Leap Year Masquerade Ball

The old leap day (February 29) custom of women proposing marriage to men is reflected in early Nebraska accounts of dances and parties celebrating past leap days and leap years. The Omaha Daily Bee on January 24, 1876, reported a recent leap year masquerade ball held in Fort Calhoun, Washington County. According to “M. F.,” who attended and described the event for the Bee, the hall was “brilliantly lighted and tastefully decorated, our ears being greeted by sweet strains of music given forth by a string band.

“We were met by a young lady in the anteroom, who politely took our change, gave us a ticket, and passed us into the ball. A queer and startling scene met our view; our first impulse was to run, but thinking of Leap Year, we were encouraged by the reassuring thought that if the ladies take man’s privileges, they will also take man’s responsibilities, and went bravely forward. The very antipodes seem to have met and brought all the antiquated remnants of humanity along with them. I thought of Rip Van Winkle and the hobgoblins, and was wondering why old Rip was not scared to death. When I encountered his Satanic majesty, cloven foot, horns, and all, things began to look blue; I thought I smelt brimstone; was about to call my escort when his majesty passed on seemingly disgusted with my appearance. I was congratulating myself on my deliverance, when a gentle Sioux Indian in paint and feathers, gave a hairlifting whoop in my left ear. . . .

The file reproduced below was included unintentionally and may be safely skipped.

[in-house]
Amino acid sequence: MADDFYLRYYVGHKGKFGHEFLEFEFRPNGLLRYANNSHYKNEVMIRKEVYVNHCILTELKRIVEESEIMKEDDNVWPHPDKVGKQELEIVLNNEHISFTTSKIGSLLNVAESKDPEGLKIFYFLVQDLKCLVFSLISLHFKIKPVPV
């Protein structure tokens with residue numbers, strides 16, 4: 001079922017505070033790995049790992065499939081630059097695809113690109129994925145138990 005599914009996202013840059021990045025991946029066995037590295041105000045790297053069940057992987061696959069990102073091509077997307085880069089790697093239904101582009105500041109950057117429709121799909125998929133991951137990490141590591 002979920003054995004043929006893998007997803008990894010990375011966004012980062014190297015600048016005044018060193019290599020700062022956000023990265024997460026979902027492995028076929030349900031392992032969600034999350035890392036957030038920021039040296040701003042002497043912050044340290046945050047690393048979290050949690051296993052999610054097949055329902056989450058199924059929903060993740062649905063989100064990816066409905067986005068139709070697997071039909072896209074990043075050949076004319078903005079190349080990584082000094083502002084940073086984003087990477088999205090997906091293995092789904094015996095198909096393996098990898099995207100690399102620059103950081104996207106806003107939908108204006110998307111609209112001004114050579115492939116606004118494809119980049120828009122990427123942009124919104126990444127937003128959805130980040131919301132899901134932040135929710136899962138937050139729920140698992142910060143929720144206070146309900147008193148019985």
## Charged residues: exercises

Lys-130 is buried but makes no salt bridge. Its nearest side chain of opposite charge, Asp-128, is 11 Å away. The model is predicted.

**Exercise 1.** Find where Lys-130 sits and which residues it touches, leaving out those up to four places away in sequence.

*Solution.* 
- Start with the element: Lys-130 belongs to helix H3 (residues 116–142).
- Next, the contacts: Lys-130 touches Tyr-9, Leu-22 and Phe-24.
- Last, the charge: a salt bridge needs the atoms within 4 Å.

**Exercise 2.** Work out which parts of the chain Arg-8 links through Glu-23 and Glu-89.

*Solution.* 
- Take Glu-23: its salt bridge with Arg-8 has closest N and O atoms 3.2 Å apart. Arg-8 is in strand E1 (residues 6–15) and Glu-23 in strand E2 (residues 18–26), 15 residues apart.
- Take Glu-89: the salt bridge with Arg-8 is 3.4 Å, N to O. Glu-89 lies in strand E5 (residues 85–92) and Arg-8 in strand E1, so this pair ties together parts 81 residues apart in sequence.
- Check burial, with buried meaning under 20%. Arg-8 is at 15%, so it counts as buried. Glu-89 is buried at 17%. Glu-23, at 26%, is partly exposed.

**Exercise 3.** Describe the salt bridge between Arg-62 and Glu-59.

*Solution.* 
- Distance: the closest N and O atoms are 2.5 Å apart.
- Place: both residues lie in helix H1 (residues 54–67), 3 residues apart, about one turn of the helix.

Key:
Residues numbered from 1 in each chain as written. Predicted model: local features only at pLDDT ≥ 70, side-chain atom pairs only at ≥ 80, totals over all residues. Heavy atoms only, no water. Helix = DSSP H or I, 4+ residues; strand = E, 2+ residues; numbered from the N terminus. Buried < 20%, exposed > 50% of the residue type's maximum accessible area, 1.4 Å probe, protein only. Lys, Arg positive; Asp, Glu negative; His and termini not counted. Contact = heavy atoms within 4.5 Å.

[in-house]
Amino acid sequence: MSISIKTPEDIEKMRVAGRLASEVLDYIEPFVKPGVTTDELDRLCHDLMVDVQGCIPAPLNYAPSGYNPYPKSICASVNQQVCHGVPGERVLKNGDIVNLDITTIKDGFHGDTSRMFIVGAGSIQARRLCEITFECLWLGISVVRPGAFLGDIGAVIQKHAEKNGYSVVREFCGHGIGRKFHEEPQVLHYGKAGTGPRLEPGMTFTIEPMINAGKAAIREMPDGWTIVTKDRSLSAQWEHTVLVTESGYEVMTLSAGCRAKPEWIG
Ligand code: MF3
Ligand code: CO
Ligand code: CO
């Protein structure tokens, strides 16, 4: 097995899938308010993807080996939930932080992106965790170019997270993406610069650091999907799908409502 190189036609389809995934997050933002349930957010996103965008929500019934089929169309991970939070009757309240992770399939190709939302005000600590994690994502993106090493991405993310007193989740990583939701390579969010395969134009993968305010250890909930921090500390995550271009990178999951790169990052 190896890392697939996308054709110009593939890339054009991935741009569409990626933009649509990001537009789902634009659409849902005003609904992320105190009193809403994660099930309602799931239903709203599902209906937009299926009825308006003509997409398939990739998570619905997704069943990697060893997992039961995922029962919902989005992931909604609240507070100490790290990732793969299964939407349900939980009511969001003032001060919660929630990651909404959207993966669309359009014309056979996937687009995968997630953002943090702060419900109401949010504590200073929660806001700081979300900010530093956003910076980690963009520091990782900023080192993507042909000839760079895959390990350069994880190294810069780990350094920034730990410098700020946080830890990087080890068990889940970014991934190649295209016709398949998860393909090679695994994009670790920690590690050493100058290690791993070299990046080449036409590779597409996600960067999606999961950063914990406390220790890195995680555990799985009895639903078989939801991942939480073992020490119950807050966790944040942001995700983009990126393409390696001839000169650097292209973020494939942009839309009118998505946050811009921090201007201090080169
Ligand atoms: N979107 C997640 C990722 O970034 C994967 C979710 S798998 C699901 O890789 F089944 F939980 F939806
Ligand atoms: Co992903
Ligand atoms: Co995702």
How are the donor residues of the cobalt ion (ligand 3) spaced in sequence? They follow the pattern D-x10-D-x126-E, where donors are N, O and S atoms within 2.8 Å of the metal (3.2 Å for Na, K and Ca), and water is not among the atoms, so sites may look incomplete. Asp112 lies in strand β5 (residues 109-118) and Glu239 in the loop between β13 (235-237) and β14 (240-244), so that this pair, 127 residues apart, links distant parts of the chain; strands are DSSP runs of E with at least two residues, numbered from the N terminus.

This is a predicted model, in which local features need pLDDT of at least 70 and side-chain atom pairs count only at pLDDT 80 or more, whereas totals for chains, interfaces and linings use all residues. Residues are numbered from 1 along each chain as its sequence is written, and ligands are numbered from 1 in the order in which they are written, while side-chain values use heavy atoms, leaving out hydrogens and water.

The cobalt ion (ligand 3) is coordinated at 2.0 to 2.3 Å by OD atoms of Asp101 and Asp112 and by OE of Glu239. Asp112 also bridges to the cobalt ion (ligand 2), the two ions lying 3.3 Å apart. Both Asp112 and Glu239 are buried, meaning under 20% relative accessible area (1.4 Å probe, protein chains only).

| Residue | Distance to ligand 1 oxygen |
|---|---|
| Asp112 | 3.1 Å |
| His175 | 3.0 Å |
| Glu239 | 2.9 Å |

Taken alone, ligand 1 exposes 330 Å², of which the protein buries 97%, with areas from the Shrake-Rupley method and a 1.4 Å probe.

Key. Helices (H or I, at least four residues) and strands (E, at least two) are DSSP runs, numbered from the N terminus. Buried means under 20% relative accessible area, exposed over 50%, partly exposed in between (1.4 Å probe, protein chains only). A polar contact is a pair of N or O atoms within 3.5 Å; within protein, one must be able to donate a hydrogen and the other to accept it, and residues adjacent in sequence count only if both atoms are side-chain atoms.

“Dancing now began in earnest and was kept up until midnight when the hall was cleared of spectators, who had hitherto occupied all the available space. Those holding tickets were seated around the hall, and then requested to remove their masks. The grand laugh of the evening followed this part of the programme. Everybody laughed heartily at the expense of everybody else, the deception being complete in most every instance. Some young men were taken [a]back when they learned that they had been talking sweet nonsense to their mother or sister. A splendid supper was now served by the ladies, consisting of the most tempting of viands, after which dancing was resumed. But now we knew who we were dancing with; we were also painfully aware of the fact that if a lady did not invite us to dance, we were doomed to mope in the corner.

“When the floor manager would say, ‘ladies choose partners for a waltz,’ it was highly amusing to see the gentlemen straighten up, fix their neck tie, pull down their vests, try to look sweet, cough slightly, smile very uncertainly as a lady approaches-lady passes by and chooses another partner, the gentleman looks sick, goes right out to see a man and is heard to say that he didn’t want to dance anyhow. The dancing was continued until the wee small hours and heartily enjoyed by all.” 

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